The stock price is down more than 13% this morning following the release of disappointing financials for the quarter that ended in February — including sales of The Hunger Games trilogy that CEO Richard Robinson says were “significantly lower than our expectations.” Scholastic ended the period with a $20.1M loss, vs a $10.3M loss in the period last year, on revenues of $380.5M, -18.5%. The revenue figure was short of analysts’ expectation for $384.2M. The drop from last year was largely due to “lower sales of the Hunger Games trilogy vs last year, when we benefited from an extraordinarily strong book revenues in advance of the film release in March,” Robinson told analysts this morning. The publisher also says that it was hurt by local school systems that shifted spending from books to professional development and training materials and digital products including iPads. As a result of the setbacks, Scholastic lowered its forecast for the fiscal year that ends in May.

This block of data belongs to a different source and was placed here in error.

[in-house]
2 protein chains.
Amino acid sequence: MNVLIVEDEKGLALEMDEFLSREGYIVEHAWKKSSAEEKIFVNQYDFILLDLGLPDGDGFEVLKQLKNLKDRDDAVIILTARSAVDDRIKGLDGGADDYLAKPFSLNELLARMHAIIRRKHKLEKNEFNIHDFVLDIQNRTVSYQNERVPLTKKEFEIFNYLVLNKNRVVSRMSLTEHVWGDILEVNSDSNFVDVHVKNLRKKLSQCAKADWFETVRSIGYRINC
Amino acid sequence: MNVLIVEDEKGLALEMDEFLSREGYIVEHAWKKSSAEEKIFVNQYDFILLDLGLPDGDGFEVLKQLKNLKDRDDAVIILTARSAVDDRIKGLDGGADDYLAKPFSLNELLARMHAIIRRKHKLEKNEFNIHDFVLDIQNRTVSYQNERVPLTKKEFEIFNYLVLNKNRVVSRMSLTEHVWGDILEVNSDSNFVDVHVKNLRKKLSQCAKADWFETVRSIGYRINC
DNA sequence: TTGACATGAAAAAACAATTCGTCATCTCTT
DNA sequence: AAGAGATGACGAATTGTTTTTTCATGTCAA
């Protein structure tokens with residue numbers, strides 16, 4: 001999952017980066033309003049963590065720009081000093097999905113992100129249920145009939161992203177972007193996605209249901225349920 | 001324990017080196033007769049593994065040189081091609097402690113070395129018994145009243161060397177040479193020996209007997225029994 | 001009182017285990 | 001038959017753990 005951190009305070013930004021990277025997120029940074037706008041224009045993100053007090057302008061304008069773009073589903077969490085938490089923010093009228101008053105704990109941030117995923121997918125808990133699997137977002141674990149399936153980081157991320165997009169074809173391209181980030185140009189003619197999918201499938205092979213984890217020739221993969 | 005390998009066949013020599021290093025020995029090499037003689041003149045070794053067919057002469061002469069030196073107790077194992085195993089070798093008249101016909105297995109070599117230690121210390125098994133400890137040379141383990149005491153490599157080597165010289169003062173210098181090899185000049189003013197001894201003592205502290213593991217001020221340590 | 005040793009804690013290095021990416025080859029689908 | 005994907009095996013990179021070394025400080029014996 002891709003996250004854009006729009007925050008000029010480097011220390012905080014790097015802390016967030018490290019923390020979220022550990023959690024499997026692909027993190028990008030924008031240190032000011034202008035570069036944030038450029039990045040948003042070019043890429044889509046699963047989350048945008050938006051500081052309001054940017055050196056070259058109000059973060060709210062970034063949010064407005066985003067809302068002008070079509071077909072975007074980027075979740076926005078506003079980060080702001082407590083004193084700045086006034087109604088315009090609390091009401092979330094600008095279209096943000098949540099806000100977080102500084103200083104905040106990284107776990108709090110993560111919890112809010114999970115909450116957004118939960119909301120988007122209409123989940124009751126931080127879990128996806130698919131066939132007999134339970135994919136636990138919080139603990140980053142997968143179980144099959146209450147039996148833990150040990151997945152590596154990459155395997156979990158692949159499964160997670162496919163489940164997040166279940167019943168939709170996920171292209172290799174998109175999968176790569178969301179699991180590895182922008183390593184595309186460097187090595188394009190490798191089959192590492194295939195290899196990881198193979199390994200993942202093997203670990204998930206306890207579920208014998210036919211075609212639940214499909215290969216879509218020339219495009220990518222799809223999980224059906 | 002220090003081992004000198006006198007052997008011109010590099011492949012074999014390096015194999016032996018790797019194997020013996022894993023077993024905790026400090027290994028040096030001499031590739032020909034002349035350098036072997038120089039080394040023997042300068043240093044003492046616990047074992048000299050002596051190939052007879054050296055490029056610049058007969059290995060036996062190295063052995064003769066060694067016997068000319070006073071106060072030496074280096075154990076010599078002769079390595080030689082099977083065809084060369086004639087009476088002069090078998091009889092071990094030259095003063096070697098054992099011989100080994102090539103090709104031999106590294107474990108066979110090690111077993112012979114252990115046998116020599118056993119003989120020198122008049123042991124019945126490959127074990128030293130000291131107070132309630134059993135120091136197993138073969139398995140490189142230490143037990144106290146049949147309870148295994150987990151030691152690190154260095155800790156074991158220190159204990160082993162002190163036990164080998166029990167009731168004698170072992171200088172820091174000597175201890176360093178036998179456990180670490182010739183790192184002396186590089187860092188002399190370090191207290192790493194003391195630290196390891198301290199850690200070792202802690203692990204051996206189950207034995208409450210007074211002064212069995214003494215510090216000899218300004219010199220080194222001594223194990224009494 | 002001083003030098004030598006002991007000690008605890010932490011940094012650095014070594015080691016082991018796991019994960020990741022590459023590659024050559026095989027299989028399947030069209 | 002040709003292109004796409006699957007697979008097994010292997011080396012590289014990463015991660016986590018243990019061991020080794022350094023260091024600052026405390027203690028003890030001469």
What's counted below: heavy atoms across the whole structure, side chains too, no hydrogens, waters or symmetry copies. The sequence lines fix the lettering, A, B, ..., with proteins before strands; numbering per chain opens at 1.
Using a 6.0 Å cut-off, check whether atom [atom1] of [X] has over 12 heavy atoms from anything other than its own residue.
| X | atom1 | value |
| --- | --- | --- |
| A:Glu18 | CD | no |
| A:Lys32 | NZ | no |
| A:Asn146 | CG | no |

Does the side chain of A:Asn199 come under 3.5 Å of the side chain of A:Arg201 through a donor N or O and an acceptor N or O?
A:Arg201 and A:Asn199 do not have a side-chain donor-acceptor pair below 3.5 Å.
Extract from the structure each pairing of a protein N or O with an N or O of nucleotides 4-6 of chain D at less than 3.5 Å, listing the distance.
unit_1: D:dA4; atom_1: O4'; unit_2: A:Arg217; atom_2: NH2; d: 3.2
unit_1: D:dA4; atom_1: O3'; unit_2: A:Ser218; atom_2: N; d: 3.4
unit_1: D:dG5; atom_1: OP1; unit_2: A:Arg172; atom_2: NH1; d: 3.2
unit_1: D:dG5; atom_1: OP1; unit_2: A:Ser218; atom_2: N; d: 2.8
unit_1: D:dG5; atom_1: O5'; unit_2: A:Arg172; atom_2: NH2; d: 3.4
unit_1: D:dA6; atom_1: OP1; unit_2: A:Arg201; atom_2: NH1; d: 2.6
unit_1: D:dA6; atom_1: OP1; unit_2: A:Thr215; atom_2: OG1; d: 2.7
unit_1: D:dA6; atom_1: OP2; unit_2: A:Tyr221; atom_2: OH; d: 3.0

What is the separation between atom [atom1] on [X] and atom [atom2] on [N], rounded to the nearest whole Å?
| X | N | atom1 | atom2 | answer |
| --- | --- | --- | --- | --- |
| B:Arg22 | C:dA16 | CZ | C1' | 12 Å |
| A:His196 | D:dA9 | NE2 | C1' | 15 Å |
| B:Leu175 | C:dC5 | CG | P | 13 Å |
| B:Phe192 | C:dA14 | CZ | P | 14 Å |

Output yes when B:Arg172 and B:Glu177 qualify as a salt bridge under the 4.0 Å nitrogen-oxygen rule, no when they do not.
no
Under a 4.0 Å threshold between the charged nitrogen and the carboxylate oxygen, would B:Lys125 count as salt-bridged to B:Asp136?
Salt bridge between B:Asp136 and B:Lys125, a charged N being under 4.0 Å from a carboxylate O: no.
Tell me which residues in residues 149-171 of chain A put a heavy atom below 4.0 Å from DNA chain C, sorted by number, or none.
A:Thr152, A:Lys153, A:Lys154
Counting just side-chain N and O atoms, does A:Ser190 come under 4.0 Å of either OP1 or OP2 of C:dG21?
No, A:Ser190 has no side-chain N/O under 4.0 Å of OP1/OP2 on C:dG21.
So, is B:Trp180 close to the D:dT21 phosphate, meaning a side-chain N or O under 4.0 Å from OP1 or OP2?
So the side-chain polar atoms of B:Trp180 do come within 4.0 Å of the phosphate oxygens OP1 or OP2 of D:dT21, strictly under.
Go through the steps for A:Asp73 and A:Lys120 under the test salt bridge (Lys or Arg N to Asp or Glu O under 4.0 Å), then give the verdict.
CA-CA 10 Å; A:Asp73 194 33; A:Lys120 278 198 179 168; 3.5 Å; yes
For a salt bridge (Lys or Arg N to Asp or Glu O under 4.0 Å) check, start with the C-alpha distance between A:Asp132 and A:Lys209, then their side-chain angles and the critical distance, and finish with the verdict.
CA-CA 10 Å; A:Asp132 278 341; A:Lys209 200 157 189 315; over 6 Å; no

The education-focused publishing company seemed subdued today, less than a week after the tragic school shootings in Connecticut. In a conference call with analysts to discuss earnings, Scholastic CEO Richard Robinson expressed sympathy for families of the murdered students and teachers. He also urged schools to continue to promote “optimism and hope,” while officials provide the “mental health resources our schools must have.” As for the financials: Cost savings helped, but weren’t enough to overcome declining sales of The Hunger Games trilogy and other disappointments. Shares are down 2.8% in early trading after Scholastic reported net income of $61.8M for the three months that ended in November, -25.4% vs the period last year, on revenues of $616.2M, -10.1%. Analysts expected revenues of about $632.5M. Earnings, at $1.89 a share, also fell short of the $2.05 that the Street anticipated.